Now, it's entirely believable that a school board director would forbid a prayer group at a public school because that's one plausible way of interpreting the injunction against the state recognizing or endorsing religion (assuming we leave aside that no school director, to my knowledge, actually forbids prayer itself).  It's much less believable that a school board director would have such students arrested.  It's even less believable to imagine that the director would be so proud of the accomplishment as to ensure the widest possible publicity.  Most school directors who I am aware of, if they didn't find some sort of compromise to permit the prayer group, would state that banning them was something required by the constitution and would probably add the words "it is regrettable that I have to take this step...."   As the chief of staff on the show, Leo McGeary tells the candidate, "these laws need to be enforced and it's good that they're enforced.  But we do not strut ever..."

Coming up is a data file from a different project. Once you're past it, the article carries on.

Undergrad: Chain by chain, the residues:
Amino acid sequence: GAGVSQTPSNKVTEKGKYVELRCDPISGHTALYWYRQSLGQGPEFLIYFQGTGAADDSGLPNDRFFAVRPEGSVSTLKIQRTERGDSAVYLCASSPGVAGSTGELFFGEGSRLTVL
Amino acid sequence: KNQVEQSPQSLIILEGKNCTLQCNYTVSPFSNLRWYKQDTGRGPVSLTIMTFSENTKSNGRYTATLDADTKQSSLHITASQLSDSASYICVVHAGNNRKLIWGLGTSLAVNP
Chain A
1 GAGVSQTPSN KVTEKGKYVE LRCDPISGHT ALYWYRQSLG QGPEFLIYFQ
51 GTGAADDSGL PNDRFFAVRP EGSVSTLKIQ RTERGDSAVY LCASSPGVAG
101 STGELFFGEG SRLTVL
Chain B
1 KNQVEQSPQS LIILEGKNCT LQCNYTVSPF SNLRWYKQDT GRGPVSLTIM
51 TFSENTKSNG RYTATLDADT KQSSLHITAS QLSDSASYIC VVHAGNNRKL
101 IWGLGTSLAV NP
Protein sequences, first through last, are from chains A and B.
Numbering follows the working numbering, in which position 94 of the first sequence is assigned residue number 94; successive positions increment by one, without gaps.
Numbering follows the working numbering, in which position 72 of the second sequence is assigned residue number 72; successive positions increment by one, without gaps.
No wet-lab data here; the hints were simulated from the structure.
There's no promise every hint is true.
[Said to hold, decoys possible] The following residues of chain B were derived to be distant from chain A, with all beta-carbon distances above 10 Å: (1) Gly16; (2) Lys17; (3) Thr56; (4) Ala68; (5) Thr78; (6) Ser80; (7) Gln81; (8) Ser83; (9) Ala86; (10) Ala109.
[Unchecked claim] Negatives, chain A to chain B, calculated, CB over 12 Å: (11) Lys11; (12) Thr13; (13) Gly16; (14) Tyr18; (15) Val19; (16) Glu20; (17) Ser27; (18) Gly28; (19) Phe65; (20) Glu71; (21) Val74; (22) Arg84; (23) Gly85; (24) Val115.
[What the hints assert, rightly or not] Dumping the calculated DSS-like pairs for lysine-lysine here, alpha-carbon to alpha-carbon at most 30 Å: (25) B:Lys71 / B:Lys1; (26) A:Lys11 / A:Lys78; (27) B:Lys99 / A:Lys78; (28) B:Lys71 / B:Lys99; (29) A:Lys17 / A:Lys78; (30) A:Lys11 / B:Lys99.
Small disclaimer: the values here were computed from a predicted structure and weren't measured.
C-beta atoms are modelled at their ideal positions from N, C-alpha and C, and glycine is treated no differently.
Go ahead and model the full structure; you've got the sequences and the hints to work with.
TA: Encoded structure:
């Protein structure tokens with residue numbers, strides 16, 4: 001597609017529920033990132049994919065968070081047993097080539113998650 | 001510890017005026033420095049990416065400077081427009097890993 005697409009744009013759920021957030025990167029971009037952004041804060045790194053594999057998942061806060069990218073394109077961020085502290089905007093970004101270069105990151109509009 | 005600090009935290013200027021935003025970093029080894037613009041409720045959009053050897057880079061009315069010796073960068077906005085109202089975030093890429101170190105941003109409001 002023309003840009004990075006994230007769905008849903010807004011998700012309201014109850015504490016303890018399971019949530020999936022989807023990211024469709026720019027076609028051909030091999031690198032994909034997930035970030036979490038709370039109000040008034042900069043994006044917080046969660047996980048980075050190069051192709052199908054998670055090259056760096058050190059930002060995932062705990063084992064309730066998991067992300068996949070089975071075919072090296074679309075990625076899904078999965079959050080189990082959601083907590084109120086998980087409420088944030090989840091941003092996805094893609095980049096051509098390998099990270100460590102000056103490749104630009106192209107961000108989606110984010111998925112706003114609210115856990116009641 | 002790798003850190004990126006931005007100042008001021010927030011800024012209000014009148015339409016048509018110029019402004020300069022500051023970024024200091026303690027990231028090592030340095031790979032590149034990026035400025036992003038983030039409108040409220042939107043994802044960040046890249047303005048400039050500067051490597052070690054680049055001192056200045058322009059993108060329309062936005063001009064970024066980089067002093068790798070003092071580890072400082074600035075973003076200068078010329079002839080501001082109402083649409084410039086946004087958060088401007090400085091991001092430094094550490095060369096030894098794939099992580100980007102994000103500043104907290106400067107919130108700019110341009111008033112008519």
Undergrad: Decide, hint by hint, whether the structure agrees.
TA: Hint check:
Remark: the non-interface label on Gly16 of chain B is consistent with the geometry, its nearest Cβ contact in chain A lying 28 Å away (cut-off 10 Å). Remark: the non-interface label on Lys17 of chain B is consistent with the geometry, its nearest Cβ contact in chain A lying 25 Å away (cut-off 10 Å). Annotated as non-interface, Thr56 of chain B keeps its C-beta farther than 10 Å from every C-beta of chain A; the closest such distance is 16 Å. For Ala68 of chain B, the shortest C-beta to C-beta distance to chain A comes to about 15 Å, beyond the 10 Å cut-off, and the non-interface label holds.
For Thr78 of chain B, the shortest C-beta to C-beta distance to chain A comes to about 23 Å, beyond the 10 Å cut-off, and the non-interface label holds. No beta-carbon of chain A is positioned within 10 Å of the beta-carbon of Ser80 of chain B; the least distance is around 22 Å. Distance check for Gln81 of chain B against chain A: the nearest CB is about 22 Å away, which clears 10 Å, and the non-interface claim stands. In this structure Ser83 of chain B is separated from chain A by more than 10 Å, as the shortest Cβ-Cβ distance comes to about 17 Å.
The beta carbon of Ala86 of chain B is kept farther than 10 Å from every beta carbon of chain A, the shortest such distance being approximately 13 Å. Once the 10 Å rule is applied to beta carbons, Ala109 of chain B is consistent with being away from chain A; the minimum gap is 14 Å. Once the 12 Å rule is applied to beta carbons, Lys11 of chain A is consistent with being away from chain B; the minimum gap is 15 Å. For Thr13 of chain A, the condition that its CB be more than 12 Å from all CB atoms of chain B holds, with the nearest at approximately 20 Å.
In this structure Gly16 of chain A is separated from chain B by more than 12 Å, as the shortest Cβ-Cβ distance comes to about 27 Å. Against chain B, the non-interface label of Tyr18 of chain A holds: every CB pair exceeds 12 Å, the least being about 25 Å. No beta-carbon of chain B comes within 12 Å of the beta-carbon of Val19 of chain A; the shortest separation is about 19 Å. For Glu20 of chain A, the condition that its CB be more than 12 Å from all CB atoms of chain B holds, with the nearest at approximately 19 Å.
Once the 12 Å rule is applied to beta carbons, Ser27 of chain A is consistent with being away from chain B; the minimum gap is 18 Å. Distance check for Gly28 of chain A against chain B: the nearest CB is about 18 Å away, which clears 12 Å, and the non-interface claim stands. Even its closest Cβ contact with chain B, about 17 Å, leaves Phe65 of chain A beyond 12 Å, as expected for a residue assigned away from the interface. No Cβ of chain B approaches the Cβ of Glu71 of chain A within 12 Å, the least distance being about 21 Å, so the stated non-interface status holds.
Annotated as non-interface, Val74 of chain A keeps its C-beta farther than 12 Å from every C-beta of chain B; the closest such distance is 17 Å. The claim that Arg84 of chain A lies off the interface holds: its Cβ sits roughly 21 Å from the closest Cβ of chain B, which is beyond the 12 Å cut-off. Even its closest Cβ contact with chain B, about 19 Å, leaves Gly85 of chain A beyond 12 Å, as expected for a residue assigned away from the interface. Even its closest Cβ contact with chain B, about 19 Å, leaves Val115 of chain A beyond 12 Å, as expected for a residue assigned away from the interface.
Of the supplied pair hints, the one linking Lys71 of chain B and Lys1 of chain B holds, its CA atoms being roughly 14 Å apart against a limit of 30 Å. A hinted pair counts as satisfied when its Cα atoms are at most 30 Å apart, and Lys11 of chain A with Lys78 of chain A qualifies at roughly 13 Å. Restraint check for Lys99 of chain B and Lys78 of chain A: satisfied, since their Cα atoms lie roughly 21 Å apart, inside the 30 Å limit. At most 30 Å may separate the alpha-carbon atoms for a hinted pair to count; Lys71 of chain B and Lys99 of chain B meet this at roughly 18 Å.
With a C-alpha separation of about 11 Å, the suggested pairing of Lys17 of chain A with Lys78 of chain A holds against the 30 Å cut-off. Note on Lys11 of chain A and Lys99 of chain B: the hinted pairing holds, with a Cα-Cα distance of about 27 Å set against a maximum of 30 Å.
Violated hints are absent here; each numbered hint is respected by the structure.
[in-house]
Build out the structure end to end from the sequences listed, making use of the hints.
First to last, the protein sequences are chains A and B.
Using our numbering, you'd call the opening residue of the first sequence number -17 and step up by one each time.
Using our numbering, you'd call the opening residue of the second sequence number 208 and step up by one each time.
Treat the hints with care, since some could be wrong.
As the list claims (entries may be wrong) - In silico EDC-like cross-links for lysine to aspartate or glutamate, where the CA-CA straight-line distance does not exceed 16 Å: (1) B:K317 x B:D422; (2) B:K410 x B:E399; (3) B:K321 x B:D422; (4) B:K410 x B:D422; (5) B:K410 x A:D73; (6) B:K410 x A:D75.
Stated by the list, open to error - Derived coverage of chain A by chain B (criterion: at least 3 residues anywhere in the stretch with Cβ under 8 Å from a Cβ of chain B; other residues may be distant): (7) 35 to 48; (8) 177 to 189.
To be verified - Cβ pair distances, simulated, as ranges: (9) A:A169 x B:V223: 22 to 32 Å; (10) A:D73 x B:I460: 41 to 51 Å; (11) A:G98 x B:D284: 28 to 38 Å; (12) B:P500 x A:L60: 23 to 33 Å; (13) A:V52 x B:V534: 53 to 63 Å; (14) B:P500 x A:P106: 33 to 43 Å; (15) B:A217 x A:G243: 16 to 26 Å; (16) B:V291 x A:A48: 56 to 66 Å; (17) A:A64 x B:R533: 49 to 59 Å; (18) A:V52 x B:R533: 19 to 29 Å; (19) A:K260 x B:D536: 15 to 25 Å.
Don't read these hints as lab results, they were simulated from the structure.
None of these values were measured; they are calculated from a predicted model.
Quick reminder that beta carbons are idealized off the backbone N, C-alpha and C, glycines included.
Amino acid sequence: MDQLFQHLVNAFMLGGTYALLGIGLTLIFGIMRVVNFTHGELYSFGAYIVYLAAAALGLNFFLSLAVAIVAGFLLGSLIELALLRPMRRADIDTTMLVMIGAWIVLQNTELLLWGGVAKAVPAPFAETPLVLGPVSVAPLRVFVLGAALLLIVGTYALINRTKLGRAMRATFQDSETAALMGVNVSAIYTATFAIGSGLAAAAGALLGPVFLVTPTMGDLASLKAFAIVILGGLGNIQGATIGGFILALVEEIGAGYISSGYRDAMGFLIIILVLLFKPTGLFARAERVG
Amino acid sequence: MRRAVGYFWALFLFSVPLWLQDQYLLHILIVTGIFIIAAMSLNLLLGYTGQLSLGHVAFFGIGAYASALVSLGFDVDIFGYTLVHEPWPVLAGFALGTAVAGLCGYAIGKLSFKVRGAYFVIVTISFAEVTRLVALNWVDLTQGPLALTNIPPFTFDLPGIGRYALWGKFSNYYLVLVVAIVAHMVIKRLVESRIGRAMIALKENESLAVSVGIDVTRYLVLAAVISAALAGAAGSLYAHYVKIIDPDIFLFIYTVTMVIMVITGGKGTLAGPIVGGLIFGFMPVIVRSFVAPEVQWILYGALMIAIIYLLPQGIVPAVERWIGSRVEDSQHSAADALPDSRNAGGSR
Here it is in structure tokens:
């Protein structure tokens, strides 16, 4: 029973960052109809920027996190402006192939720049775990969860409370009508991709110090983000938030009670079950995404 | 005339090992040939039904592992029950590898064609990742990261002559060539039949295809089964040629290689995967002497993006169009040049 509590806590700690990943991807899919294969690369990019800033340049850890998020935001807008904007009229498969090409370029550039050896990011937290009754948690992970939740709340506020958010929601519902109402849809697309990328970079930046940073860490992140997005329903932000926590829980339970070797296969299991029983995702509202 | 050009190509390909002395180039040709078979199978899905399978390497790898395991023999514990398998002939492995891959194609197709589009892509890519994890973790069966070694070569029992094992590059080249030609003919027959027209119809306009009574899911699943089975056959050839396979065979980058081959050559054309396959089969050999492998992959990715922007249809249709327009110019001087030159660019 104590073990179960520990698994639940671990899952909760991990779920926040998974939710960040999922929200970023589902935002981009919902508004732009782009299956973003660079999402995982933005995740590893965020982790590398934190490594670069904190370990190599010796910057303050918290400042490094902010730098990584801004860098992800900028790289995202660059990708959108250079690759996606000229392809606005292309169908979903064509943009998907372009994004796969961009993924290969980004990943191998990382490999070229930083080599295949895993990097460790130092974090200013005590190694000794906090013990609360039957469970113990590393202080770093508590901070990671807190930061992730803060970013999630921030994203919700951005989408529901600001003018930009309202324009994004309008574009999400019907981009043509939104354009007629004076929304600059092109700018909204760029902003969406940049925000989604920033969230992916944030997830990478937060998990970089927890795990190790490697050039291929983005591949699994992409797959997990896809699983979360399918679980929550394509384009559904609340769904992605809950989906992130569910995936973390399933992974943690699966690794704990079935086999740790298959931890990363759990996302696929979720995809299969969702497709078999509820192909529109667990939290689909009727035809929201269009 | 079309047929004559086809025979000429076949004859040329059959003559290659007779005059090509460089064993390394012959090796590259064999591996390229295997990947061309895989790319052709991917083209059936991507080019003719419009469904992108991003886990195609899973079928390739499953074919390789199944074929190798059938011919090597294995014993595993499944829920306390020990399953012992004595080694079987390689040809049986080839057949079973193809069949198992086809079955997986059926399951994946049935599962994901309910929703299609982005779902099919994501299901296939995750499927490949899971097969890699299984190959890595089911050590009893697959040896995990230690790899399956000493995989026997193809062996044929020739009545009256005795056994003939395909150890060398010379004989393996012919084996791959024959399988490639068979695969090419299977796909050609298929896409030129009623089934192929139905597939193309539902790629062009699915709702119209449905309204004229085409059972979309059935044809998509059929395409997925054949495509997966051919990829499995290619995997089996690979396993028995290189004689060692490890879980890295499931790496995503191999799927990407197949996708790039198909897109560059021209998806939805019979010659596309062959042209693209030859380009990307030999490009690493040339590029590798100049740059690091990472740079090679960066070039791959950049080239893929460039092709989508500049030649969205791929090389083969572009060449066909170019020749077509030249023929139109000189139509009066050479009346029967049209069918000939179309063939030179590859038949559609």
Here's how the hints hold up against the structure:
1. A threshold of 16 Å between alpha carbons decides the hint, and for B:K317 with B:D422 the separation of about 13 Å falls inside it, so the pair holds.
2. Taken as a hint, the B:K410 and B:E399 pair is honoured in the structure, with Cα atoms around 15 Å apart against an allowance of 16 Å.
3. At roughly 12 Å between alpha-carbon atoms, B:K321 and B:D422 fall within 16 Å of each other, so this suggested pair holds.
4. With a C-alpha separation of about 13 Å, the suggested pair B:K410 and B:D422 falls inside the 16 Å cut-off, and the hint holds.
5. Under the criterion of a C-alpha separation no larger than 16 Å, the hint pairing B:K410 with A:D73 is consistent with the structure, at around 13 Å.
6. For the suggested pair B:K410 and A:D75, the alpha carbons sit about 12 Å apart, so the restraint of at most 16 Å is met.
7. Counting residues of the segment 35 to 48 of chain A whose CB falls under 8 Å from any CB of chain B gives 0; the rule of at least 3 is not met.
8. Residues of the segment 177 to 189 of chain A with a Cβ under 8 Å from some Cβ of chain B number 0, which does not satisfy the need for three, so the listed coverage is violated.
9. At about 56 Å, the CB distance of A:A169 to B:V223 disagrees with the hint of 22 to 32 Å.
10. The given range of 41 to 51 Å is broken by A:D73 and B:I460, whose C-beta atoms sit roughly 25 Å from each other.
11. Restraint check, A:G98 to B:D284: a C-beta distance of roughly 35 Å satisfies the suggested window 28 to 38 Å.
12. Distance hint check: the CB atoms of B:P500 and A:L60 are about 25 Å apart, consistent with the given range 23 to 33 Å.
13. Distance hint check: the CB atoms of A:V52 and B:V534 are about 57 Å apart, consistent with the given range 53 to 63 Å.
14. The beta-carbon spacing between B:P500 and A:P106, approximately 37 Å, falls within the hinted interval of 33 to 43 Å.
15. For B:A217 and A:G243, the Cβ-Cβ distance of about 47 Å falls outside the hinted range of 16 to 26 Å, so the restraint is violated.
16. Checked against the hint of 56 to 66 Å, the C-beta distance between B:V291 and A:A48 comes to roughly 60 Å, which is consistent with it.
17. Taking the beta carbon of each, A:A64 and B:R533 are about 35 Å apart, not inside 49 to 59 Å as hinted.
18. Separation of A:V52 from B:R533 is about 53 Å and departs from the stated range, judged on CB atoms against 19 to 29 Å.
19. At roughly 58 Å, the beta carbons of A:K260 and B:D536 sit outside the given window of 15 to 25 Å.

Leo sums up my feelings pretty well about the disgusting internet commercial the Obama administration has put online about his decision to order the killing of Osama bin-Laden.  A version of it is here, if you want to see it.  The gist of it is that Obama is a man of courage who made the tough call to kill somebody.  As Bill Clinton says in the video, if the Navy SEALsin the mission had been killed or captured, it would have been really bad for Obama.  The commercial also takes something presumptive Republican candidate Mitt Romney supposedly said in 2007 or so that implied the US was spending too much effort trying to capture bin-Laden.  The commercial implies from this statement that Romney is weak and wouldn't have made the "courageous decision" to order the killing of someone.